Next before micro lots, there were mini-lots and mini-lots are 10,000 units of your accounts funding currency. So if you are using say a dollar-based account and trading a dollar-based currency pair, each pip in your trade will be worth about $ 1.

And if you are a beginner and you want to start trading using mini-lots though, make sure that you are well capitalised. It’s recommended that you start with, I would say a minimum of let’s say $ 2,000 to start trading these mini-lots due to their sizing.

So while $ 1 per-pip might seem like a small amount, the market could well move say 50 pips, 100 pips plus in a single day, sometimes in a single hour. And if the market is moving against you, that can add up to a $ 100 loss, which would mean that your account is gone just like that.

And finally, a standard lot is a 100,000 unit-lots. So that’s a $ 100,000 equity position, if you are trading in dollars. Trading with this size of position will generally means that your account-balance will typically fluctuate by roughly $ 10 for each single pip that the market moves.

For a trader that has, let’s say $ 2,000 in their account, usually the minimum required to trade a standard lot, that means that a 20-pip move can make a 10% dent in your account balance, either positive or negative.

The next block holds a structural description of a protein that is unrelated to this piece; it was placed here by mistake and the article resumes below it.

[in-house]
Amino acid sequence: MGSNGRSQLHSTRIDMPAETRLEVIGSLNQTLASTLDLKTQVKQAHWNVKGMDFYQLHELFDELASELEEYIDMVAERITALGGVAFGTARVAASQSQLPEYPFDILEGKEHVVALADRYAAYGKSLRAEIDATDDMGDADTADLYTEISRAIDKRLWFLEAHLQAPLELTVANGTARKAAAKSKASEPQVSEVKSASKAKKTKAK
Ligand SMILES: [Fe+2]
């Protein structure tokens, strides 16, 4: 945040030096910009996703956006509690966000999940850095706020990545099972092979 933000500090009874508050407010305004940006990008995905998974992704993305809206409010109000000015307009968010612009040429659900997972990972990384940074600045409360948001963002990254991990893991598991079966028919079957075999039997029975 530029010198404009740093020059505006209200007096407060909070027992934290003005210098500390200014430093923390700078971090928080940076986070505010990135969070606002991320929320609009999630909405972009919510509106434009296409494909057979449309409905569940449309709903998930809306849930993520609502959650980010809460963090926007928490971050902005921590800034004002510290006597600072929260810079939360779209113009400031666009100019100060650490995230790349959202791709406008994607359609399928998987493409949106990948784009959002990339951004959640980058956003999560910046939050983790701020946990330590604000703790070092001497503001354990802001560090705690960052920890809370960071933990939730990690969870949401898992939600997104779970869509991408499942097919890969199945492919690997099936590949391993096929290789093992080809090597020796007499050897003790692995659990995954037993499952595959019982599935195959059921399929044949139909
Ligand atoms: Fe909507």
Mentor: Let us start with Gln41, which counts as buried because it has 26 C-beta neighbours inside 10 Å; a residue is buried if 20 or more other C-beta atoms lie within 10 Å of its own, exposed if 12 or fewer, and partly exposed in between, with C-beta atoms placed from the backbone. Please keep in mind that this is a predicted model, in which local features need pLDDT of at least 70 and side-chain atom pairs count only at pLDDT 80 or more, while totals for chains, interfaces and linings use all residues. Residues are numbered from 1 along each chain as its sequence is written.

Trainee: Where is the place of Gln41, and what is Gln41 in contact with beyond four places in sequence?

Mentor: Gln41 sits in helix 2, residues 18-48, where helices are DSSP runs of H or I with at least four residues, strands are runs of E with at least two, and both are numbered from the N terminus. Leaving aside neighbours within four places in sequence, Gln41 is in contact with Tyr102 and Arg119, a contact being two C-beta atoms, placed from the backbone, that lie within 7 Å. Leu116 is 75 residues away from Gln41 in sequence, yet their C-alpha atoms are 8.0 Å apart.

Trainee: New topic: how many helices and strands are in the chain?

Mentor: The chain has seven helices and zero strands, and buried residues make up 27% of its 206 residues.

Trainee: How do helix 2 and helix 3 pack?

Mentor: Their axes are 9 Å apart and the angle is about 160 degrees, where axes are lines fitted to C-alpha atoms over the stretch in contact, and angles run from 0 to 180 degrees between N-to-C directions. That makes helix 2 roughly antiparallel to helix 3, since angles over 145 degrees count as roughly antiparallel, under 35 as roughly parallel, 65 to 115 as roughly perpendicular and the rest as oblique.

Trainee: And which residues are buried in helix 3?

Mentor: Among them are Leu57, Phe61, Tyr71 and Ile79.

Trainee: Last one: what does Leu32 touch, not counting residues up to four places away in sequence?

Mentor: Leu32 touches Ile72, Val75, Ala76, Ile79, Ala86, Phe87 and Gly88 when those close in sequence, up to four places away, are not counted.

Most retail traders with smaller accounts don’t trade standard lots. Most traders that you come across are going to be trading either mini-lots or even micro-lots. And it might not feel glamorous, but keeping your lot size within reason within relative to your account size will help you preserve your trading capital to continue trading for the longterm.

And at this stage, I’d just like to share an analogy with you about lots sizes…

Picture this; You’re about to go sailing in the Pacific ocean and you have a choice between a small wooden boat, a fishing charter, or a cruise ship. Given your budget, you can only afford a small wooden boat.

What happens if you still go out, and still go ahead and sail in the Pacific ocean using this small wooden boat? Well, a quick change in the tide or a quick changing weather could easily capsize your boat and, poof, you’re toast. You’re gone. You’ve sank faster than a 100 until an anchor, right?

But having said that a better decision with only a small wooden boat will be to avoid the Pacific ocean and instead fish in a much smaller river to give you the best chances of survival and successfully pulling fish out of the water, much like we pull dough out of the markets.

My point is this; Start small, grow slowly and steadily, and prosper over the long-term.

I hope that analogy helps you to understand that it’s all about balance, and depending on your trading account balance, that will inform the decisions that you actually make and which lots you actually trade.

I hope that helps.

– To your success.

Will (and team).